In today’s readings Our Lord reminds us that disciples know they always have something to learn and to pass along the people that they help. Christians never stop being disciples; Our Lord always has something to teach us. In the First Reading Elisha (who was the disciple of the prophet Elijah) learned from his master in the miracle of the multiplication: Elijah once asked a widow for the last bread she had to feed herself and her son (1 Kings 17:8–16), and when she explained her situation Elijah told her the Lord had promised to provide for them all, and so it came to be. Elisha in today’s Gospel was doing something similar, but because the Lord promised to help him, just as the Lord had helped Elijah and the widow, he knew to encourage his servant to begin handing out the bread, and the miracle happened.
The disciples in today’s Gospel are a little more proactive: they know from Our Lord’s question that he wants to feed the people who came to see him and it seems he’s asking them to make it happen. Phillip sees it as impossible even if they had enough money to feed them, due to the size of the crowd. Andrew at least starts asking around, but the resources come up short. They lost sight of the fact that Jesus said “we”: when we feel Our Lord is asking something difficult or impossible, we have to remember that, like in today’s Gospel, he will be with us and help us. We just have to take it one step at a time, even when sometimes it seems difficult or impossible. In the end, through taking things step by step, they helped Our Lord to make the miracle happen.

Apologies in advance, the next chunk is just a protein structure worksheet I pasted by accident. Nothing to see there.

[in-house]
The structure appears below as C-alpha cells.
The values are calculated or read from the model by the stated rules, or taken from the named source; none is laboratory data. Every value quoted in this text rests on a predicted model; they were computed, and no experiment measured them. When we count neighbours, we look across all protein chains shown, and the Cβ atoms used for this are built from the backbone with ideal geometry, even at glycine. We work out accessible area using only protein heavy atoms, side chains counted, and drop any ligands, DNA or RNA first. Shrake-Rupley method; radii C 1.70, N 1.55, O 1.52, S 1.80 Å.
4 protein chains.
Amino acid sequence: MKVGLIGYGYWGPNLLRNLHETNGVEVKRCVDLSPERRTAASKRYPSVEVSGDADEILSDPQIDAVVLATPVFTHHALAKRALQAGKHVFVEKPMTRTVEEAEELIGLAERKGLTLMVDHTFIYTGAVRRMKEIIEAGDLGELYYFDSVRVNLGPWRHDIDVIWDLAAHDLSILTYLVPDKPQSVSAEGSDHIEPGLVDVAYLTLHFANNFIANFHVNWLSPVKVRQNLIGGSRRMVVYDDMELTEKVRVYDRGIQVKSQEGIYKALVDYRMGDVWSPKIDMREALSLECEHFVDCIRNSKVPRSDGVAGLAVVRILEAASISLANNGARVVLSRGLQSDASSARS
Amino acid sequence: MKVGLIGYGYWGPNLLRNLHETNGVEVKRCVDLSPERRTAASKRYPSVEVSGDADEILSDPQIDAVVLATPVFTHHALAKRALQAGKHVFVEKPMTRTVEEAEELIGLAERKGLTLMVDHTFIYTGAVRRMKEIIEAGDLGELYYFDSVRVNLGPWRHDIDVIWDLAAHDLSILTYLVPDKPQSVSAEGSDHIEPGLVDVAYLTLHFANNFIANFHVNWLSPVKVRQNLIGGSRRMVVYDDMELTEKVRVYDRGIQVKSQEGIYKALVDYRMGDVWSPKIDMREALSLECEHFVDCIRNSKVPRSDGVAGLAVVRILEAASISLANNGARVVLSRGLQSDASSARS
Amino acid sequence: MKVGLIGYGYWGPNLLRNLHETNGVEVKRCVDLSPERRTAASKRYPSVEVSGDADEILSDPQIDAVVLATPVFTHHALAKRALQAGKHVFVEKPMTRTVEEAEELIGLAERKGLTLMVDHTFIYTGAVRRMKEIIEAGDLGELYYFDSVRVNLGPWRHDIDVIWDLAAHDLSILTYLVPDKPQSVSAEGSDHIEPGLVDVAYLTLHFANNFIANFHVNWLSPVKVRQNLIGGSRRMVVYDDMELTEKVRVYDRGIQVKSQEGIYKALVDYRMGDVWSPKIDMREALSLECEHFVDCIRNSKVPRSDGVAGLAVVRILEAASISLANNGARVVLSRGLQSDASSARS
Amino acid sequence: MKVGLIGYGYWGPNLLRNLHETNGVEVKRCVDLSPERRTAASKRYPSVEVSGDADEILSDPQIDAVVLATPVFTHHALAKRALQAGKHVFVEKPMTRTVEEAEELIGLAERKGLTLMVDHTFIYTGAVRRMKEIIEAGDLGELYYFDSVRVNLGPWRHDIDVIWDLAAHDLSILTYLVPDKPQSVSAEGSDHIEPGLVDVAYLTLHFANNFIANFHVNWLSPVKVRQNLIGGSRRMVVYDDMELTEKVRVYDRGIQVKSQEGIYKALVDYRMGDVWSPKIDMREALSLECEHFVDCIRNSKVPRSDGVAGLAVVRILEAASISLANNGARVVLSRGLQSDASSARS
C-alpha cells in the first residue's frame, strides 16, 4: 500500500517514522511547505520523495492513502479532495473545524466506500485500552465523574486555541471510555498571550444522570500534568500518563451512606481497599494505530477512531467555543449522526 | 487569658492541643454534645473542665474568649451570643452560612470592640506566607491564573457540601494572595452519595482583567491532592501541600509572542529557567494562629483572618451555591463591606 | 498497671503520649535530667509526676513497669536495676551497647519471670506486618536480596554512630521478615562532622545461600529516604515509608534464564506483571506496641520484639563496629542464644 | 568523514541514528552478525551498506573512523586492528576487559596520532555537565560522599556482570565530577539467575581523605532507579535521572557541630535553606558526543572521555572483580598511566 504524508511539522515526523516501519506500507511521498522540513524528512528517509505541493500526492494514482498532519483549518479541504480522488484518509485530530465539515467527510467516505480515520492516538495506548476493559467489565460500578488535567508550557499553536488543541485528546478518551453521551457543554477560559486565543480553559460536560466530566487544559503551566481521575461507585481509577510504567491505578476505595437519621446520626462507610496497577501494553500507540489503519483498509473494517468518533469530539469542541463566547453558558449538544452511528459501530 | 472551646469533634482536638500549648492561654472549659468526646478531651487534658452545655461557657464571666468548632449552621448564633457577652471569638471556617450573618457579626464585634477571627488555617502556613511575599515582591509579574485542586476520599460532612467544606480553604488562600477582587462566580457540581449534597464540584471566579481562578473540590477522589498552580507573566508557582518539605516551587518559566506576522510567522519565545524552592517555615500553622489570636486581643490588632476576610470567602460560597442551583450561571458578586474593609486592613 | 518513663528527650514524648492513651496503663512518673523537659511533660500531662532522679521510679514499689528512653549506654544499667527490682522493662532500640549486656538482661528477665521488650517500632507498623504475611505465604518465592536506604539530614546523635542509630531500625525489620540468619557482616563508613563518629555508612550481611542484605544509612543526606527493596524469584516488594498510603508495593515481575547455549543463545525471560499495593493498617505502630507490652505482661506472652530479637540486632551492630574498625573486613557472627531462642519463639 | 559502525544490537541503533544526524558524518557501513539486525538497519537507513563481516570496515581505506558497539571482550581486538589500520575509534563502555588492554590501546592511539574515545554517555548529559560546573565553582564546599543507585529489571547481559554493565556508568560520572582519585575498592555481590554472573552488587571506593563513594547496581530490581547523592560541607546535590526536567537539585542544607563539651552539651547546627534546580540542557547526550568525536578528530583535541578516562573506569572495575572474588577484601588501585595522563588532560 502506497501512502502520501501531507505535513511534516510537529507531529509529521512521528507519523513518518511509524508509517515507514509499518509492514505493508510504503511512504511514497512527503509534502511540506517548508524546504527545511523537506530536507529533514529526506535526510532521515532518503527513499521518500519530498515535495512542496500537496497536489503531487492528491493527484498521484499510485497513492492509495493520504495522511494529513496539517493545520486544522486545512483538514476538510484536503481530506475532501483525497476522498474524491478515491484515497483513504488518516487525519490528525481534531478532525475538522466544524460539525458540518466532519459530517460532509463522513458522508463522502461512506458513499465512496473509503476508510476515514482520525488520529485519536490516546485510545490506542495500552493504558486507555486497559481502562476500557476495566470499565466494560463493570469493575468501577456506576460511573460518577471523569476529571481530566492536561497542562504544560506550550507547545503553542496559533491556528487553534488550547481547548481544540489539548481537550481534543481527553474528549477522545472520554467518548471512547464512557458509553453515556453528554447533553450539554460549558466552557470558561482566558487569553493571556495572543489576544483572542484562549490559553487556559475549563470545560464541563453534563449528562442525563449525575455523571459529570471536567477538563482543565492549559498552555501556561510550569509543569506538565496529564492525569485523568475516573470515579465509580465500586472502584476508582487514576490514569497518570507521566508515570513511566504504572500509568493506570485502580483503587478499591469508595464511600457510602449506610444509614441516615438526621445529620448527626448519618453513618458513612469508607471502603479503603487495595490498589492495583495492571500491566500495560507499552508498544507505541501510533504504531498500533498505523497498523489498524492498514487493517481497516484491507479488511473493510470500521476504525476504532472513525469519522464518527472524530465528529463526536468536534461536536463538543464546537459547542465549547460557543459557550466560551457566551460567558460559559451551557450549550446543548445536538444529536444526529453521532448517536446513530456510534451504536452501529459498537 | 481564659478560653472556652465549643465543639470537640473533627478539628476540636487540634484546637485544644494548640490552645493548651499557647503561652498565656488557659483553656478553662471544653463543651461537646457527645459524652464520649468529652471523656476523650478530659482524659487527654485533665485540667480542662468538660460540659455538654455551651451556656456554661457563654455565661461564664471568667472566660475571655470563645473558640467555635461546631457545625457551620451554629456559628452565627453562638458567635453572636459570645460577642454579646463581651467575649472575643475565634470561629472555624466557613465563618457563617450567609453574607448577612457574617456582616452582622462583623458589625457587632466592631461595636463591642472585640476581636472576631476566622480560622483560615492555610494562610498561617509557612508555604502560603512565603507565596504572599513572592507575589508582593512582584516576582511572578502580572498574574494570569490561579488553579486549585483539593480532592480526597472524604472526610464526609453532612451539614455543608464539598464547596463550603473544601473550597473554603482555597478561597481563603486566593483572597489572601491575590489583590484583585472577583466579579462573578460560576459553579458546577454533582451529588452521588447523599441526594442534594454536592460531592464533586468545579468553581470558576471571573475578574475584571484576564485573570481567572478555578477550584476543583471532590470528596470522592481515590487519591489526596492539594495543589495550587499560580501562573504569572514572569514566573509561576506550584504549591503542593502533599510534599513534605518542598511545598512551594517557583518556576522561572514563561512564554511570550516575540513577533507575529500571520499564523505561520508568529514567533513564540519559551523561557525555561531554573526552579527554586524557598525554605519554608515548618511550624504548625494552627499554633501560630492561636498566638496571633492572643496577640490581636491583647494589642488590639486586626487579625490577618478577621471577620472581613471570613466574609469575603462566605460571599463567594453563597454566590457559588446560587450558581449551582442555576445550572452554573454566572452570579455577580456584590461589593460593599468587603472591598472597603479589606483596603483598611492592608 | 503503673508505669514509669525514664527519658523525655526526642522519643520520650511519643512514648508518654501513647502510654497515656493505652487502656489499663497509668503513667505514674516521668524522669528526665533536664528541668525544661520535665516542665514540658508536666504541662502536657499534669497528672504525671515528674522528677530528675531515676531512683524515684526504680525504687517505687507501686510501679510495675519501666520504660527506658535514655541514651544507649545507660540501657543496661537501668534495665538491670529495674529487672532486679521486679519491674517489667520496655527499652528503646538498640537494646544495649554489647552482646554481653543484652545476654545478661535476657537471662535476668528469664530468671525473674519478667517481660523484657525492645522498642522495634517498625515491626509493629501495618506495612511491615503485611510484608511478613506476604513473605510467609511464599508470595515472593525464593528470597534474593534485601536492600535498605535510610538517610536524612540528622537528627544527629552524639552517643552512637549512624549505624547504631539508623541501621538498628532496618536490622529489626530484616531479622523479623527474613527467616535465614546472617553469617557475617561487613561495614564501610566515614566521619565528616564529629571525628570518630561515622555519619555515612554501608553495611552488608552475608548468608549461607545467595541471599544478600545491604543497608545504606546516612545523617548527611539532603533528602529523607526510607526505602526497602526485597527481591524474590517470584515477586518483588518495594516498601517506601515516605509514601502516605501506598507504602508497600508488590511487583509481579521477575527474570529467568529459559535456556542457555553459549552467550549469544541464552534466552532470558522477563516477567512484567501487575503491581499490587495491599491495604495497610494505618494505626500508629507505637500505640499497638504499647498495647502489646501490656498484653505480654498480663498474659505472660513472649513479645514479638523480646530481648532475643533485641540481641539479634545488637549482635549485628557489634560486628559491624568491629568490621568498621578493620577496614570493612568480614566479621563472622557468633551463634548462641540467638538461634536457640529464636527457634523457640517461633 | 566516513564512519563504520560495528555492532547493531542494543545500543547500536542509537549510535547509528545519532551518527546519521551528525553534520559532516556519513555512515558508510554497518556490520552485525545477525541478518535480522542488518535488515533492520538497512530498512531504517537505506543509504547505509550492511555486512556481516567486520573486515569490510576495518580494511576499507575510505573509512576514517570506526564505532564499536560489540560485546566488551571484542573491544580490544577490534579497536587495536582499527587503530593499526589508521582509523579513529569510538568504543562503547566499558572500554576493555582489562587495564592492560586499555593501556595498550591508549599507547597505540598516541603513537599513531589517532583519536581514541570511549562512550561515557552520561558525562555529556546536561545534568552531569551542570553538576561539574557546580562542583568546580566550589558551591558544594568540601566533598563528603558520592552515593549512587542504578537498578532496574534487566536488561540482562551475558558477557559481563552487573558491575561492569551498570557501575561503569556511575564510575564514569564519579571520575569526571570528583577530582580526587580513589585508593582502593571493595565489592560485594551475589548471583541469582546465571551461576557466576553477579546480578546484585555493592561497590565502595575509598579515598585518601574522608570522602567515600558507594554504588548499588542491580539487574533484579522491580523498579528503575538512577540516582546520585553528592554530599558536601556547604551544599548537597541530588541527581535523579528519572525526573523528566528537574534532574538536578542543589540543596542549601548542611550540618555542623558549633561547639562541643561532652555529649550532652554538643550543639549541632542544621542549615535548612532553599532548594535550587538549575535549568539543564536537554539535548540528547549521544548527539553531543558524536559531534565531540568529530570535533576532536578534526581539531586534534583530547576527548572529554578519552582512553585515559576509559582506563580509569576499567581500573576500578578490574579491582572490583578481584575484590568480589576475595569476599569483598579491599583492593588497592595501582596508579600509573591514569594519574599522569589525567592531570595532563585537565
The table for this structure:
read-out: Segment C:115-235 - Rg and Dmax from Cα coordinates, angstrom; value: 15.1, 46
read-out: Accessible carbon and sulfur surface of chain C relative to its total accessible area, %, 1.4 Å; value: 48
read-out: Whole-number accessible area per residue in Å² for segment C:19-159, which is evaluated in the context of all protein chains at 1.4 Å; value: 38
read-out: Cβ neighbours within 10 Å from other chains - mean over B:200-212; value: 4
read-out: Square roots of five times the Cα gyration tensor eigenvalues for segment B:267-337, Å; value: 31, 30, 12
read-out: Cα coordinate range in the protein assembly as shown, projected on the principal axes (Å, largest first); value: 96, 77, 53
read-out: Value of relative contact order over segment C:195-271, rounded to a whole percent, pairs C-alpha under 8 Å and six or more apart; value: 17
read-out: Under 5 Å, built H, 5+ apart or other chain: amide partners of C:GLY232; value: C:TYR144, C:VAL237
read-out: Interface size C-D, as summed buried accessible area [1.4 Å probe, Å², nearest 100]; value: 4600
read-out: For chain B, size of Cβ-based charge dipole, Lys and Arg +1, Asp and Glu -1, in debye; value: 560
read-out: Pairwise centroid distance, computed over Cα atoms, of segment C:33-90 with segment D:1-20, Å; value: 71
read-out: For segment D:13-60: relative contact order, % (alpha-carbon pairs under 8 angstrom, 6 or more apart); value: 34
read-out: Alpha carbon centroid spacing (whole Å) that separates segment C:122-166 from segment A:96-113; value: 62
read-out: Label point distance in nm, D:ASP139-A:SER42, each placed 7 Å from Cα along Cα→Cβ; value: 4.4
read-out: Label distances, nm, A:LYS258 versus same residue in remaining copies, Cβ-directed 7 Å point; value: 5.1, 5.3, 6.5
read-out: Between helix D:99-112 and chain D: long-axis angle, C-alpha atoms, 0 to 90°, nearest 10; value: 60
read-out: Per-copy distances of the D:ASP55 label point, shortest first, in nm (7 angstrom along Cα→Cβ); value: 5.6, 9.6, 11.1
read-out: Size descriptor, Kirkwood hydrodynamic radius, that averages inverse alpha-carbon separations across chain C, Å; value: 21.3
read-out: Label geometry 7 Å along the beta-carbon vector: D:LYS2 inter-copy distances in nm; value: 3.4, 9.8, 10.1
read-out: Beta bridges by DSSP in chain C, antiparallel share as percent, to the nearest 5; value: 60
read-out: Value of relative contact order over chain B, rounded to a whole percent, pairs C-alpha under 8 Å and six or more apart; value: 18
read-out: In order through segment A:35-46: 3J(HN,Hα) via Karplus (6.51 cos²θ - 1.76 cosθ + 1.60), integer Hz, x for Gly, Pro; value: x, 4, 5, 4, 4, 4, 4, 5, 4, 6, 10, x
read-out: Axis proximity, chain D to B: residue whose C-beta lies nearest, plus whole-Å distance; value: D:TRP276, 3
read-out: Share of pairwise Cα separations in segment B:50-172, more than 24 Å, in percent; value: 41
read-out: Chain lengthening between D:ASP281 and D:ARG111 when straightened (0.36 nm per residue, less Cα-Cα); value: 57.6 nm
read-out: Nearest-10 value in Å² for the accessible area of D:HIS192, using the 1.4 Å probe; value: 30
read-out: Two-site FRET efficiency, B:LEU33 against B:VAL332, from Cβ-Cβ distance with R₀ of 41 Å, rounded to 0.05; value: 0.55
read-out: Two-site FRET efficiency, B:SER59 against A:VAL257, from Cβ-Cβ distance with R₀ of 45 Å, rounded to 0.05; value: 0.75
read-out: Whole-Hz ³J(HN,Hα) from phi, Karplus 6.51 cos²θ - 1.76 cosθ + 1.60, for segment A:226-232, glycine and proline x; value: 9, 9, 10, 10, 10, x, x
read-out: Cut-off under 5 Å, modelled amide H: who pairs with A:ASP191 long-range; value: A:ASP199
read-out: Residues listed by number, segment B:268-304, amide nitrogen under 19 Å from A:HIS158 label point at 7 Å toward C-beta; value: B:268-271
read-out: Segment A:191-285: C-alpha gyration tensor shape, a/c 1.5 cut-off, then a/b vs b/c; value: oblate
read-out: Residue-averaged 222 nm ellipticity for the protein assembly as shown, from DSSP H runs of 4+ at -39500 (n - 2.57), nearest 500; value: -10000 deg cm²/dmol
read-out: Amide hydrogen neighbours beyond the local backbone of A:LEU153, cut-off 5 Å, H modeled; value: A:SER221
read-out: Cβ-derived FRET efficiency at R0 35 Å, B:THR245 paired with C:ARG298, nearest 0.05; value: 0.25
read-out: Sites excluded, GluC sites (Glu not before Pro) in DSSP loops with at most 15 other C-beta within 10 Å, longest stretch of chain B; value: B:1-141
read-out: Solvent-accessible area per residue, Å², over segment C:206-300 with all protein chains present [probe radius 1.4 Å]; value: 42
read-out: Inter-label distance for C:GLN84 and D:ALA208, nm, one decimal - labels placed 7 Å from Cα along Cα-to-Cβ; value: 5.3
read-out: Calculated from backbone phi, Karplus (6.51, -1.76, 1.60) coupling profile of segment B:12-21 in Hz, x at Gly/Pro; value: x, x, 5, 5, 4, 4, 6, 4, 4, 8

Have you felt in your heart that Our Lord has been asking you to try to do something difficult or impossible? Don’t think of the end game; ask him to teach you what first step he wants you to take, and then keep taking things one step at a time. You’ll be surprised how much you accomplish working with him.
Readings: 2 Kings 4:42–44; Psalm 145:10–11, 15–18; Ephesians 4:1–6; John 6:1–15.